Hope you don't mind my repeating it; your post was great to read.


    -Doug
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    Nov 21, 2011 5:59 AM GMT
    paulflexes saidThat article explains in full detail why I stopped believing in religion altogether. There's no fucking way in hell I'm gonna worship the same fictional being that's perpetrated hatred toward certain groups of people since the beginning of written history.

    PS. I still think religion should be outlawed for that very reason. It promotes hate. icon_wink.gif


    Although I totally respect your right to have your opinion, Paul, I have to emphatically disagree, as I feel that what you wrote oversimplifies the complexity of our reality, and frankly, throws the baby out with the bathwater, so to speak.

    With or without the Bible, there will always be some sort of justification for why we "hate" certain groups. People hate. People love. It's our choice.

    The "us-them" mentality is at the heart of our broken human nature (our "sinfulness"), and the very issue to which the Bible addresses and calls our attention -- our separation from each other, and ultimately, from God. By holding up an image for us of to see of our selves in those stories, the Bible calls us to turn toward God/Jesus for the solution in Love and Grace through recognition of Truth through Repentance and Faith. When we miss this, we miss the message altogether.

    Furthermore, I feel that your statement(s) does/do not do religion justice as religion can be the very empowering and necessary source and motivation for very good things as well, from education, humanitarian aid, spiritual growth, comfort, and nourishment, meaning, provision of the moral foundation for human dignity, value and worth, justice for the oppressed/captive/enslaved/outcasts, etc. Failing to recognize these aspects does not encourage a fair assessment.
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    Nov 21, 2011 6:15 AM GMT
    TerraFirma said, "Furthermore, I feel that your statement(s) does/do not do religion justice as religion can be the very empowering and necessary source and motivation for very good things as well, from education, humanitarian aid, spiritual growth, comfort, and nourishment, meaning, provision of the moral foundation for human dignity, value and worth, justice for the oppressed/captive/enslaved/outcasts, etc. Failing to recognize these aspects does not encourage a fair assessment."

    It certainly can be, and it has also been everything Paul described.

    icon_wink.gif
    -Doug
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    Nov 21, 2011 6:20 AM GMT
    TerraFirma said
    paulflexes saidThat article explains in full detail why I stopped believing in religion altogether. There's no fucking way in hell I'm gonna worship the same fictional being that's perpetrated hatred toward certain groups of people since the beginning of written history.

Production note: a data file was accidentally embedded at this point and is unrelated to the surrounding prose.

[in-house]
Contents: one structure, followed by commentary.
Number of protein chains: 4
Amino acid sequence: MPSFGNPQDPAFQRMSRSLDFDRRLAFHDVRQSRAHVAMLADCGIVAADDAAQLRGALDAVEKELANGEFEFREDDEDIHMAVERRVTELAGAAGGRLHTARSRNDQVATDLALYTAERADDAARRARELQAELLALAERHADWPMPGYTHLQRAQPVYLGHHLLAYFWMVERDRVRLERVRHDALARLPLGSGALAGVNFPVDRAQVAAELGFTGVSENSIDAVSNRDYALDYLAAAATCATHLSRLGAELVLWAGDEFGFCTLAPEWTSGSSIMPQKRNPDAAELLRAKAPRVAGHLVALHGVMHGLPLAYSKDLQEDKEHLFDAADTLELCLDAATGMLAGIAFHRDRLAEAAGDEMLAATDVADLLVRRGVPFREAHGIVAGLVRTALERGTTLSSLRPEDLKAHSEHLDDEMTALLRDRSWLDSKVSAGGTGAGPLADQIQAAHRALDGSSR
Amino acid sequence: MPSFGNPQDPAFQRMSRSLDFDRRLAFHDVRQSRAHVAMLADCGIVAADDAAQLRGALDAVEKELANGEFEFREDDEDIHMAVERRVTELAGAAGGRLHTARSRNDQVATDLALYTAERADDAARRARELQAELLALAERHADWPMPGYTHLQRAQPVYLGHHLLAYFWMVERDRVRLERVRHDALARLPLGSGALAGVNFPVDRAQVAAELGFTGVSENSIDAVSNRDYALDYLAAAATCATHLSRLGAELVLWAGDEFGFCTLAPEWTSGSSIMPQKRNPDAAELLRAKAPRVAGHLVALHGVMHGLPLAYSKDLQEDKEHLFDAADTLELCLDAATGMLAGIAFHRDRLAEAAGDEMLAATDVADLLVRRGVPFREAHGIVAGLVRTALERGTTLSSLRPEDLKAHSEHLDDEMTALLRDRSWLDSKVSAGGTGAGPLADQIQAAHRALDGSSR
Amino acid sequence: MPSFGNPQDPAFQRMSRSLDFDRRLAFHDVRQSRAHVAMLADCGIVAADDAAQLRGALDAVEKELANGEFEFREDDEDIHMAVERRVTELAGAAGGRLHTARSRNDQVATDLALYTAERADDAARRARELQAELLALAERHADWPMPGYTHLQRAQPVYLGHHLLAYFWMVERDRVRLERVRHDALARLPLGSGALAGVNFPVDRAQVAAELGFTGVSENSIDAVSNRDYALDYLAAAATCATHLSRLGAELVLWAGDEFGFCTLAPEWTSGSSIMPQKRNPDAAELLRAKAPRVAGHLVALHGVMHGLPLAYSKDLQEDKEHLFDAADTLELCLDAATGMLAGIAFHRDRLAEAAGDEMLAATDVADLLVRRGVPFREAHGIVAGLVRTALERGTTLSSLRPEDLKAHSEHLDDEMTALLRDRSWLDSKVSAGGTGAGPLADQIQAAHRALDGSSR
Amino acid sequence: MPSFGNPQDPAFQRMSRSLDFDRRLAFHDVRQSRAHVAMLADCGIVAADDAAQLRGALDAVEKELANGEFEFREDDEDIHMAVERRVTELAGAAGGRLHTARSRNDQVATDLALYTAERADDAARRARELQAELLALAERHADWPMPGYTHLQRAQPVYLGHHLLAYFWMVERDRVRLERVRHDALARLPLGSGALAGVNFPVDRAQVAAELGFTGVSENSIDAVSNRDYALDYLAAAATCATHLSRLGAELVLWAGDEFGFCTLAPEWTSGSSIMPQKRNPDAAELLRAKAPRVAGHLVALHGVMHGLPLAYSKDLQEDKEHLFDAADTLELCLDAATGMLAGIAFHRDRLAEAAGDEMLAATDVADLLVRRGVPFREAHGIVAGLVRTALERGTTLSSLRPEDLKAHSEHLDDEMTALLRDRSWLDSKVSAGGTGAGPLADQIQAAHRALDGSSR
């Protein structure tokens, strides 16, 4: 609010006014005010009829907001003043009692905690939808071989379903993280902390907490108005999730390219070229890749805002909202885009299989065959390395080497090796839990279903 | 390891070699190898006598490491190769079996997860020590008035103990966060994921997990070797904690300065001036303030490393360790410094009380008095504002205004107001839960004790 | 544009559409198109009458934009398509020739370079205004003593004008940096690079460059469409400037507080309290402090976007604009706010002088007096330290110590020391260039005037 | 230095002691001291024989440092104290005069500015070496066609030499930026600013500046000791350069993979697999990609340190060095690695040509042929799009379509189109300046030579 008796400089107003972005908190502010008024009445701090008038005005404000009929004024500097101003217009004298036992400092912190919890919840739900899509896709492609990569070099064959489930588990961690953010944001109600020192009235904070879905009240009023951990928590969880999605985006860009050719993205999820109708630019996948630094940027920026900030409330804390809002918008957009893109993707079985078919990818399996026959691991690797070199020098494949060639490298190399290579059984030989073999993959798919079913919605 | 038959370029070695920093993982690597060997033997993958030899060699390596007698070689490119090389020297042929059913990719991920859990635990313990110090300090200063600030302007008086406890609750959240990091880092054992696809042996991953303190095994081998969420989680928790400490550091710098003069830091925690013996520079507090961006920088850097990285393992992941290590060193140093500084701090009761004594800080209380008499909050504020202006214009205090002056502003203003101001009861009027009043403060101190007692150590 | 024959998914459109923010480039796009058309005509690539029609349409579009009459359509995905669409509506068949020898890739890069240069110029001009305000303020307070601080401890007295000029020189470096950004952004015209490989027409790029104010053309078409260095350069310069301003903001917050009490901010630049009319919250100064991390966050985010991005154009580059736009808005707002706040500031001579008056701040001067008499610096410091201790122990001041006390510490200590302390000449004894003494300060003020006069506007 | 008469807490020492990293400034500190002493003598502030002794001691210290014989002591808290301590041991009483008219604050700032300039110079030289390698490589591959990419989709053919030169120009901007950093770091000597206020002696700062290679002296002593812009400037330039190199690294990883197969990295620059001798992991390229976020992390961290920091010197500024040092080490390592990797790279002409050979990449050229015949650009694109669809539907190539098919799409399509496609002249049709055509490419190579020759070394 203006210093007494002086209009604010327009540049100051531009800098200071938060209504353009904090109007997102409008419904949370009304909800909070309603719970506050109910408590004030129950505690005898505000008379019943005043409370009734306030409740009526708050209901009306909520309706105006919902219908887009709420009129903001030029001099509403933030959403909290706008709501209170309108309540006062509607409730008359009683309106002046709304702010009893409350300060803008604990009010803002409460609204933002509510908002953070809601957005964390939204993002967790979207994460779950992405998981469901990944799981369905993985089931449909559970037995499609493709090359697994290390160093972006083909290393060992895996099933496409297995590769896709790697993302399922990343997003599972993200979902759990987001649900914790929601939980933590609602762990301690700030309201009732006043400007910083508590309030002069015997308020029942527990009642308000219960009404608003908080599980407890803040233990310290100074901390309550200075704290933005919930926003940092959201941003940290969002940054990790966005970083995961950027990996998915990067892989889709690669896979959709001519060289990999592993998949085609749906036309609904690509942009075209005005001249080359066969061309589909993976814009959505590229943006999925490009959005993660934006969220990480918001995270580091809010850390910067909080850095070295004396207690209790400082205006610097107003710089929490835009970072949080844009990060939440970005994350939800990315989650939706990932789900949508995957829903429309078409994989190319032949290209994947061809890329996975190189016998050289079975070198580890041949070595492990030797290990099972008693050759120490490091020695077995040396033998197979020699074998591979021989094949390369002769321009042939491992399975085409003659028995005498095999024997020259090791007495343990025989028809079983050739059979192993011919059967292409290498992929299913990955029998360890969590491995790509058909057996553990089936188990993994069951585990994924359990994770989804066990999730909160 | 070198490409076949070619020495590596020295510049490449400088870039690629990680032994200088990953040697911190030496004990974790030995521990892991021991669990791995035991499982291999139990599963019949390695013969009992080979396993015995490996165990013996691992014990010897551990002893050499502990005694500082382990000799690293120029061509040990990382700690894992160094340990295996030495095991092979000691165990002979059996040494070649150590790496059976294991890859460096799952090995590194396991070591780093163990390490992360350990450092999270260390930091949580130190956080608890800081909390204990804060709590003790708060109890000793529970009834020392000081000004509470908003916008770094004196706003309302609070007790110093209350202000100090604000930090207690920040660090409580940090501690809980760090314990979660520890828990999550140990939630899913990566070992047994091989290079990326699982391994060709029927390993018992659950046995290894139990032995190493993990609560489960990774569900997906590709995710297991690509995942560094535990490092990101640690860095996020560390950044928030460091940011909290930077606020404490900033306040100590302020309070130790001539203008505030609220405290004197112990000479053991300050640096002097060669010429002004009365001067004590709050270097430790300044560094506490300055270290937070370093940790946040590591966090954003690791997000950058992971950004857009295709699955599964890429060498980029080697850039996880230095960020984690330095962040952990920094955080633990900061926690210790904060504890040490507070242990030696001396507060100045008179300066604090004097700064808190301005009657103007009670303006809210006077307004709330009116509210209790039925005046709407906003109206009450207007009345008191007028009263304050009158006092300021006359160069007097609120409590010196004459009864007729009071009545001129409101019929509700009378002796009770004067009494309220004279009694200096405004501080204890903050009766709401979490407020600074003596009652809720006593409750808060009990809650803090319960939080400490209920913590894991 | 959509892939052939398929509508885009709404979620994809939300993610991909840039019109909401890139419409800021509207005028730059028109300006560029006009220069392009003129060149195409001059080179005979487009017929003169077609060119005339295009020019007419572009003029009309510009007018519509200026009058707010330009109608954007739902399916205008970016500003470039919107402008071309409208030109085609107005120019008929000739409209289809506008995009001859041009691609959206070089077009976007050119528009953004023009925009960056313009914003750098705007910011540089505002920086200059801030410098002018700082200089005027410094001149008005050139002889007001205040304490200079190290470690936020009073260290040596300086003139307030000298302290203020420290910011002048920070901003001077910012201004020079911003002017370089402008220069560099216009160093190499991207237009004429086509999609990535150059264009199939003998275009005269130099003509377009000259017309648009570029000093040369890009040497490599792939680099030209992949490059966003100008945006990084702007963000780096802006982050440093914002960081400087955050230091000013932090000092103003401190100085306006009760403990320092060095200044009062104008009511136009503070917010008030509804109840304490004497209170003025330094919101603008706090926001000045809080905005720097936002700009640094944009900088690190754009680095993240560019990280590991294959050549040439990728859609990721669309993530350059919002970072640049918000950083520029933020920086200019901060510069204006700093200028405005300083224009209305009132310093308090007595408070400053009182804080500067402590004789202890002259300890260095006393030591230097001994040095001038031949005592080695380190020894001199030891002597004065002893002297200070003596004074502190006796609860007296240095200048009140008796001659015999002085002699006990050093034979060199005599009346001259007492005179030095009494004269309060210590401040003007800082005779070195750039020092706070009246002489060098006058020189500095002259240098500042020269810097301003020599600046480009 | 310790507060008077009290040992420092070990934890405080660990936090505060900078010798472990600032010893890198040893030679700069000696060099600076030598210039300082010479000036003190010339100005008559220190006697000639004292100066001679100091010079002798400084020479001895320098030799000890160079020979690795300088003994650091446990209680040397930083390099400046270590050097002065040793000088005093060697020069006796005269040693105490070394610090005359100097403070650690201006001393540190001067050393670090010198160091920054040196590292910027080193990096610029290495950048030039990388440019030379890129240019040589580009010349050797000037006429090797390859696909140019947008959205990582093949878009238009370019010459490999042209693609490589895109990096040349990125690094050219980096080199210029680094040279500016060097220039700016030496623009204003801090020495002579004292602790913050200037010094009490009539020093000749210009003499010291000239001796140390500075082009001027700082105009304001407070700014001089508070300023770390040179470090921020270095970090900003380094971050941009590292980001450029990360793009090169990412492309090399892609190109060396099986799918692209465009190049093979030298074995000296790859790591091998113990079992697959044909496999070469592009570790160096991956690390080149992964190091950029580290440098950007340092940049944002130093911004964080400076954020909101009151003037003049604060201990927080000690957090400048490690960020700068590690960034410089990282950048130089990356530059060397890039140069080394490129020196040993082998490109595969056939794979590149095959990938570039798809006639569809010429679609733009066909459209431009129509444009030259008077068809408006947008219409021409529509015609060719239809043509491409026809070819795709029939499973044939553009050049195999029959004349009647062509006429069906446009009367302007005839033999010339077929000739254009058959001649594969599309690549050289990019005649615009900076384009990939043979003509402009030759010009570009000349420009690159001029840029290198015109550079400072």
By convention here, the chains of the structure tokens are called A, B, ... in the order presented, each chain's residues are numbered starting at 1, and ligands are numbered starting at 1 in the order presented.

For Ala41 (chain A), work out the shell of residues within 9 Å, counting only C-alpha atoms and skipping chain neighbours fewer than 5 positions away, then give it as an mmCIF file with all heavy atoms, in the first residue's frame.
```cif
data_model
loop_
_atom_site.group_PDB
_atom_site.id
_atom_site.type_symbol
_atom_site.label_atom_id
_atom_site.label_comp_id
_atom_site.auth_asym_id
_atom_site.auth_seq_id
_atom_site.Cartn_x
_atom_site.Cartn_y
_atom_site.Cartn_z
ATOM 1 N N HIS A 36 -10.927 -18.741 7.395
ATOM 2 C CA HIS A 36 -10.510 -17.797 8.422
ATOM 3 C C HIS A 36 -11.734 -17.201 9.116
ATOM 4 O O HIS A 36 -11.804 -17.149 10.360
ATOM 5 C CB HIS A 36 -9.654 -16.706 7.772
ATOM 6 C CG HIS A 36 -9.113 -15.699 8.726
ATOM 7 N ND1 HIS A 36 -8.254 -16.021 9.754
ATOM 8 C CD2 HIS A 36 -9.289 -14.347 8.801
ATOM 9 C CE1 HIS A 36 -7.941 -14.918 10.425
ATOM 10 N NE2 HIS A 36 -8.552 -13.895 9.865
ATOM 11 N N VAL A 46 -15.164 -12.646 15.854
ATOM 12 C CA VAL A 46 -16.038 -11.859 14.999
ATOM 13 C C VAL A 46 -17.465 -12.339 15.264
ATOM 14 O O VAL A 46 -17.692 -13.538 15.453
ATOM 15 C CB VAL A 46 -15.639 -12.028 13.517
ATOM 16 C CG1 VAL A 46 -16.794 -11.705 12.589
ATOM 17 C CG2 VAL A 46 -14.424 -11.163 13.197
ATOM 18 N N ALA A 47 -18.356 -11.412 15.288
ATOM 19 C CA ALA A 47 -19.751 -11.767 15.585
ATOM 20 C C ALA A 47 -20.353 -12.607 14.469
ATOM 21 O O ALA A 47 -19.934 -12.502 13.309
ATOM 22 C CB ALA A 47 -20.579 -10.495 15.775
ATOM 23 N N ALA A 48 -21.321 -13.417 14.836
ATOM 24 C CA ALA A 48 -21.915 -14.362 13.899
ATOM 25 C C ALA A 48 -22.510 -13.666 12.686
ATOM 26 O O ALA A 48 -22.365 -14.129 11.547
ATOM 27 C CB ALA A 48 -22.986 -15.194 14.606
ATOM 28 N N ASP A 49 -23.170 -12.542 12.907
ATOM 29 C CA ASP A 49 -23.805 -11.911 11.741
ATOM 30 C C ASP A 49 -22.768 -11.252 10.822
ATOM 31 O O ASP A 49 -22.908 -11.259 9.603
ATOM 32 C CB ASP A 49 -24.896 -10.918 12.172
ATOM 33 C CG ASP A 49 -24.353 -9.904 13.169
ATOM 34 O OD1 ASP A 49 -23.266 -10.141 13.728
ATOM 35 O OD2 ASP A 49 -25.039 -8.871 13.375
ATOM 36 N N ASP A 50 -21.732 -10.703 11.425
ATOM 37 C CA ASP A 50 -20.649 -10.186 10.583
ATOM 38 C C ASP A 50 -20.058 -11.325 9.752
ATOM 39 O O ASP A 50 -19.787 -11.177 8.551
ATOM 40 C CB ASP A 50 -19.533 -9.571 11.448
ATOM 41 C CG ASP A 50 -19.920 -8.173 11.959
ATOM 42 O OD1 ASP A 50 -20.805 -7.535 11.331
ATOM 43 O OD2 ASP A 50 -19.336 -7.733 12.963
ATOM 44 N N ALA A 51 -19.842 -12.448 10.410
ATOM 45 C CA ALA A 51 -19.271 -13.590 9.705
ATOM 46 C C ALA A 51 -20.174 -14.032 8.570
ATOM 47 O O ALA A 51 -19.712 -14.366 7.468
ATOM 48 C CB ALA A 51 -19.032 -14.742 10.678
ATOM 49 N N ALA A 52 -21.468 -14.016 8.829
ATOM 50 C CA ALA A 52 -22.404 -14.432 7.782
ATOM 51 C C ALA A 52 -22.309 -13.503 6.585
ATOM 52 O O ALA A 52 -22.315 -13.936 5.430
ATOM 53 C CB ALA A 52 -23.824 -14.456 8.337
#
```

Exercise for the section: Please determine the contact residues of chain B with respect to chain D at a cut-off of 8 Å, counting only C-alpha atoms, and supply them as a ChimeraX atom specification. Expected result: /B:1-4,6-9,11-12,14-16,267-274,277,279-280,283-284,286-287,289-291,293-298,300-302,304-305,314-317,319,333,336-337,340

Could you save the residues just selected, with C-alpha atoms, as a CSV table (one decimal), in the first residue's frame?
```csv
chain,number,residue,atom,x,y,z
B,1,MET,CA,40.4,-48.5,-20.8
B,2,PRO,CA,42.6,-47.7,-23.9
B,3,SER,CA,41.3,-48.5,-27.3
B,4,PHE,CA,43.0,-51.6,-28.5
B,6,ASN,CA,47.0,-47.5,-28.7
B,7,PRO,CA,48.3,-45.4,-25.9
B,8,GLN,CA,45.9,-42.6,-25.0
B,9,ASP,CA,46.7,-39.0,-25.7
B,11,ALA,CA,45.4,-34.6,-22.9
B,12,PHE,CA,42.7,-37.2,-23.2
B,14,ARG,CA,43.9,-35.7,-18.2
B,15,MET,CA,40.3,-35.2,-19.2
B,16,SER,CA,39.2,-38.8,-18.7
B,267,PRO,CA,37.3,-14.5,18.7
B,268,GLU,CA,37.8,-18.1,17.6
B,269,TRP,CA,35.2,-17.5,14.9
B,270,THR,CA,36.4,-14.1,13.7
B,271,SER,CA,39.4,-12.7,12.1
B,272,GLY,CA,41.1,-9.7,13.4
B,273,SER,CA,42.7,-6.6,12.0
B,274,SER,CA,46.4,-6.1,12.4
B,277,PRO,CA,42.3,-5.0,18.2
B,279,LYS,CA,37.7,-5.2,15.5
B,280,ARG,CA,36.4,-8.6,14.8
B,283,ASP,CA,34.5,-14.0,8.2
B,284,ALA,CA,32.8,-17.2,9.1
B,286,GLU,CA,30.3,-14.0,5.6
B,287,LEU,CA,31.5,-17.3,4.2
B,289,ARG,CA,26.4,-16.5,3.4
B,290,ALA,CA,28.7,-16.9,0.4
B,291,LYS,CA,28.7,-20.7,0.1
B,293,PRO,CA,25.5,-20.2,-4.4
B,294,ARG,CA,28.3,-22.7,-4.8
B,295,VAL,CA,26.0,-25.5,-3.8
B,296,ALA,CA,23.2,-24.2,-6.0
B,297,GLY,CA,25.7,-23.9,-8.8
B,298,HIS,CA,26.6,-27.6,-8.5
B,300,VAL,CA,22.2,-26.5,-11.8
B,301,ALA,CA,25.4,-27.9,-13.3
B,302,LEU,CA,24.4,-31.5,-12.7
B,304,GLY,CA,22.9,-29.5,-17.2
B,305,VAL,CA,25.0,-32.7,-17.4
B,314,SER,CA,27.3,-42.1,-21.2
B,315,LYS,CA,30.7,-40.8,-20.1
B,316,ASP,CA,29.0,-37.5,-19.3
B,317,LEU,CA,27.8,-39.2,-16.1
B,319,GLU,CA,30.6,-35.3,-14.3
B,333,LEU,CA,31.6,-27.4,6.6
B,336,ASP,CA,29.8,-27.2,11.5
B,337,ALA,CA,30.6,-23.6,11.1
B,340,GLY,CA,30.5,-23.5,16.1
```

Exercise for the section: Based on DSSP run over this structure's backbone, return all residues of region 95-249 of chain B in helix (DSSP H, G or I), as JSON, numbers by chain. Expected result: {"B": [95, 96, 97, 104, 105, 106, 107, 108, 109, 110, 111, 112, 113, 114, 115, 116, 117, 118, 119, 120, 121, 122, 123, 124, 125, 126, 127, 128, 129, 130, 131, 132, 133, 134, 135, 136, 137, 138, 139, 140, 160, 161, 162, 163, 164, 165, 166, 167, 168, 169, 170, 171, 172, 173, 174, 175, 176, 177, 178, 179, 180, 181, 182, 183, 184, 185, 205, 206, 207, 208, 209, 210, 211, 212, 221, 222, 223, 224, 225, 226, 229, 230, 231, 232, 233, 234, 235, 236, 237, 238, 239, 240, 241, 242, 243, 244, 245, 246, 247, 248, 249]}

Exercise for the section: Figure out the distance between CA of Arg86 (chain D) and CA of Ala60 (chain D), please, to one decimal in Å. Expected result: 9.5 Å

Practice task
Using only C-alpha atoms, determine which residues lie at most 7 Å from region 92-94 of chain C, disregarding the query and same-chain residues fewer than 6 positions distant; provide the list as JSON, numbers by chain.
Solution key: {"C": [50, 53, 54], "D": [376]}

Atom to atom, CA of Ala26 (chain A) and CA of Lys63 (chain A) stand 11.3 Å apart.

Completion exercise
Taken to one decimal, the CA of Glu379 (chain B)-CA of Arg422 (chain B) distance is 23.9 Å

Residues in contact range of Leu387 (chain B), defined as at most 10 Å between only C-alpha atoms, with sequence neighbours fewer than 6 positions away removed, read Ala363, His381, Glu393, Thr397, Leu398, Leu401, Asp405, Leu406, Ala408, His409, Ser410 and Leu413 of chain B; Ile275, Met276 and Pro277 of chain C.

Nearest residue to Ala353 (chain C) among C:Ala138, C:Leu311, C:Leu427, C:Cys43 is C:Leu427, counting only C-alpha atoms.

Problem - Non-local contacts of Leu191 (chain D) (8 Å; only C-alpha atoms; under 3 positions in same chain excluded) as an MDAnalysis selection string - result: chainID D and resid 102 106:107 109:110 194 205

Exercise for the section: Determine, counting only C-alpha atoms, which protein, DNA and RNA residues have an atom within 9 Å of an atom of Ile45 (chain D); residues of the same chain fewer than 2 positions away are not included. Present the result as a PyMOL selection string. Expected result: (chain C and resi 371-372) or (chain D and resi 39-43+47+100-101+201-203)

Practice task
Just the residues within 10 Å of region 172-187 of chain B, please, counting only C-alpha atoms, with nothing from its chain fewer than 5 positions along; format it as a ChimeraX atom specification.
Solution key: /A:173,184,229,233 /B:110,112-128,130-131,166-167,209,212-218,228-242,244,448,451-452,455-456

PS. I still think religion should be outlawed for that very reason. It promotes hate. icon_wink.gif


    Although I totally respect your right to have your opinion, Paul, I have to emphatically disagree, as I feel that what you wrote oversimplifies the complexity of our reality, and frankly, throws the baby out with the bathwater, so to speak.

    With or without the Bible, there will always be some sort of justification for why we "hate" certain groups. People hate. People love. It's our choice.

    The "us-them" mentality is at the heart of our broken human nature (our "sinfulness"), and the very issue to which the Bible addresses and calls our attention -- our separation from each other, and ultimately, from God. By holding up an image for us of to see of our selves in those stories, the Bible calls us to turn toward God/Jesus for the solution in Love and Grace through recognition of Truth through Repentance and Faith. When we miss this, we miss the message altogether.

    Furthermore, I feel that your statement(s) does/do not do religion justice as religion can be the very empowering and necessary source and motivation for very good things as well, from education, humanitarian aid, spiritual growth, comfort, and nourishment, meaning, provision of the moral foundation for human dignity, value and worth, justice for the oppressed/captive/enslaved/outcasts, etc. Failing to recognize these aspects does not encourage a fair assessment.


    This is what I have found. I have had plenty of experience in religious organizations that never made me feel unwelcome or less than fully equal.
    On the whole, I believe Christianity (not churchianity) has been a force for good in this world.
  • tazzari

    Posts: 2929

    Nov 21, 2011 5:06 PM GMT
    Not to revert to the original thread, but...

    "Love the sinner" is further absurd in that real love "casts out fear". It is delusional and manipulative to say you love someone but to reject something that is a basic part of that person. I go the same BS from my nephew - who is utterly unwilling to listen to what I may have to say, and thus unwilling to learn anything.

    Can you really love someone, and not listen to them? Can you really love someone if you are not prepared to learn from them?

    Happily, I have found that in the Episcopal church, people are very willing to listen and learn. Trinity Seattle is Open and Affirming, we have an annual Matthew Shepard sermon (there is a link to the text of this year’s sermon at http://www.trinityseattle.org/parish-news.aspx ), we feed over 3,000 people per week, we have several gay people on the staff…

    Some churches, at least, love the person. Period. No conditions of "buts". The “love the sinner” crowd are delusional.
  • Cutlass

    Posts: 426

    Nov 29, 2011 5:14 AM GMT
    Although I do not belong to any religion, I'm willing to concede that there are some churches that do good and can be respected. The Unitarians and Quakers have always been open to gays and don't demonize them. And, of course, the Metropolitan Community Church is gay, and some may find comfort with them. Then there are some of the mainstream churches like the Episcopalians, Presbyterians and a branch of the Lutheran Church which have ordained gays, although some Episcopalians are know to oppose gays and are talking of splitting from the main church. However, if some of the mainstream churches are accepting gays unconditionally, then I think of this as a hopeful sign for the future.